From the tragic tale of Mary Clifford, whose death at the hands of her employer scandalised Georgian London, to an account of the violent activities of Victorian Manchester's scuttling gangs, via a character portrait of the duel-obsessed Cavalier Sir John Reresby, A Fiery & Furious People explores the brutal underside of our national life in all its variety. And as it considers the litany of assaults, murders and riots that pepper our history, it also traces the subtle shifts that have taken place both in the nature of violence and in people's attitudes to it. Why was it, for example, that wife-beating could at once be simultaneously legal and so frowned upon that persistent offenders might well end up being ducked in the village pond? When did the serial killer first make an appearance in the annals of English crime? How could football be regarded at one moment as a raucous pastime that should be banned, and the next as a respectable sport that should be encouraged? What gave rise to particular types of violent criminal - medieval outlaws, Georgian highwaymen, Victorian garroters - and what made them dwindle and then vanish?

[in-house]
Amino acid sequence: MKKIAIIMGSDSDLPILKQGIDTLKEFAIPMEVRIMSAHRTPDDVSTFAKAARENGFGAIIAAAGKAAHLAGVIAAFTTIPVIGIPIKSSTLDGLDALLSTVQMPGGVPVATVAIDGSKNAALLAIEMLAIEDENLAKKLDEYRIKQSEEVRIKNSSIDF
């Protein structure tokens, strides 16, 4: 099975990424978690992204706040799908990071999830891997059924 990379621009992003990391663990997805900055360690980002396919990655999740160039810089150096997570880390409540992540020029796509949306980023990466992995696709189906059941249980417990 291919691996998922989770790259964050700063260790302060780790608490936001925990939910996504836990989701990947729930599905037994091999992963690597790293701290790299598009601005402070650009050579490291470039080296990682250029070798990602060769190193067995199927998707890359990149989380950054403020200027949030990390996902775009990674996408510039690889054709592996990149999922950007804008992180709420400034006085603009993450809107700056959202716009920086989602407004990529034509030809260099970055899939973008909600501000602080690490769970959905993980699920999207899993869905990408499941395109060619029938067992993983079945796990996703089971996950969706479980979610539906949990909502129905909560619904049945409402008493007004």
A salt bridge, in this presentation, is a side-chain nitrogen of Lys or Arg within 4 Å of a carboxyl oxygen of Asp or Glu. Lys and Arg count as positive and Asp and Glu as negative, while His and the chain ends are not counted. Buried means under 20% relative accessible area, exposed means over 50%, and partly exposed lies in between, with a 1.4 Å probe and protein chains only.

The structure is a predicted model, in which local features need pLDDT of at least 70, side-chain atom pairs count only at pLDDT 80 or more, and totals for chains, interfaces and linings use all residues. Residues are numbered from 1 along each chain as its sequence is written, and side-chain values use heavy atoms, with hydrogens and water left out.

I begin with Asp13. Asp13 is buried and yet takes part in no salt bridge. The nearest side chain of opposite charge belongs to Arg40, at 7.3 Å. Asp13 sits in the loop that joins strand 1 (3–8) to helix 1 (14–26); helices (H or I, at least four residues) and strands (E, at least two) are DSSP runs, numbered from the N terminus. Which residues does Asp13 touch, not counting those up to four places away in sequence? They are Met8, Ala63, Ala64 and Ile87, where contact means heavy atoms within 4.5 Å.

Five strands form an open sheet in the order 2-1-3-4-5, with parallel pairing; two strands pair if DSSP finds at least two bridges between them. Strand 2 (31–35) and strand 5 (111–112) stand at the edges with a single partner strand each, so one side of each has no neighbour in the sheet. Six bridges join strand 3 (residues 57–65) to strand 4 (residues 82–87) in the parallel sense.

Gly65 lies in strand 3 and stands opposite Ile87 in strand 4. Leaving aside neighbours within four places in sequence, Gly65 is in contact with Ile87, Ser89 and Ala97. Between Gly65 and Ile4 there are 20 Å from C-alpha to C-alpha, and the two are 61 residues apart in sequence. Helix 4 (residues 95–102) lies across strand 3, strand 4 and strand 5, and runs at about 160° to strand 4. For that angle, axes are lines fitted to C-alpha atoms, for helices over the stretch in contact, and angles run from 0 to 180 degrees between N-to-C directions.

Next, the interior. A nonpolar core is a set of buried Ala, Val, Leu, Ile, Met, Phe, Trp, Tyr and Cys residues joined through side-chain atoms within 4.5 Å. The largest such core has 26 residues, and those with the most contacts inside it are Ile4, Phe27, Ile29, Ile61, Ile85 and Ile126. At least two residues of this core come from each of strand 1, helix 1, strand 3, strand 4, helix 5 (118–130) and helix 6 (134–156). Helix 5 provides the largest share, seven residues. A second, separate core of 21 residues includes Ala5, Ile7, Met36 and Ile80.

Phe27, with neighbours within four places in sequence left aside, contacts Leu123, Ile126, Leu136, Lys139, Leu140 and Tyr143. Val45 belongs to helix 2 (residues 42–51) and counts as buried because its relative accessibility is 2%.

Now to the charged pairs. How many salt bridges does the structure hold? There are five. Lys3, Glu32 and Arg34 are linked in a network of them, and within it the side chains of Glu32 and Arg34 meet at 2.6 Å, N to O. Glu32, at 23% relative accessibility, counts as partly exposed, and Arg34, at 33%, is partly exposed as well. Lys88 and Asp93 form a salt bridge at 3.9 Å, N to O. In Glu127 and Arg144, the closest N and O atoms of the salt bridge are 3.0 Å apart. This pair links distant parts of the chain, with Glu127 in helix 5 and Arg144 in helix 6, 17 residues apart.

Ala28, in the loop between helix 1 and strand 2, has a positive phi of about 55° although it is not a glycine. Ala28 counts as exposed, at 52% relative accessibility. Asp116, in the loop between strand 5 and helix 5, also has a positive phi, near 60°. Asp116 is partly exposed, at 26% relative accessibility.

Throughout, Professor James Sharpe draws on an astonishingly wide range of material - court records and murder pamphlets, popular ballads and novels, sermons and films - to paint vivid pictures of the nation's criminals and criminal system from medieval times to the present day. He gives a strong sense of what it was like to be caught up in, say, a street brawl in medieval Oxford or a battle during the English Civil War. And he also seeks to answer perhaps the most fascinating and fundamental question of all: is a country that has experienced not only constant aggression on an individual scale but also the Peasants' Revolt, the Gordon Riots, the Poll Tax protests and the urban unrest of summer 2011 naturally prone to violence or are we, in fact, gradually becoming a gentler nation?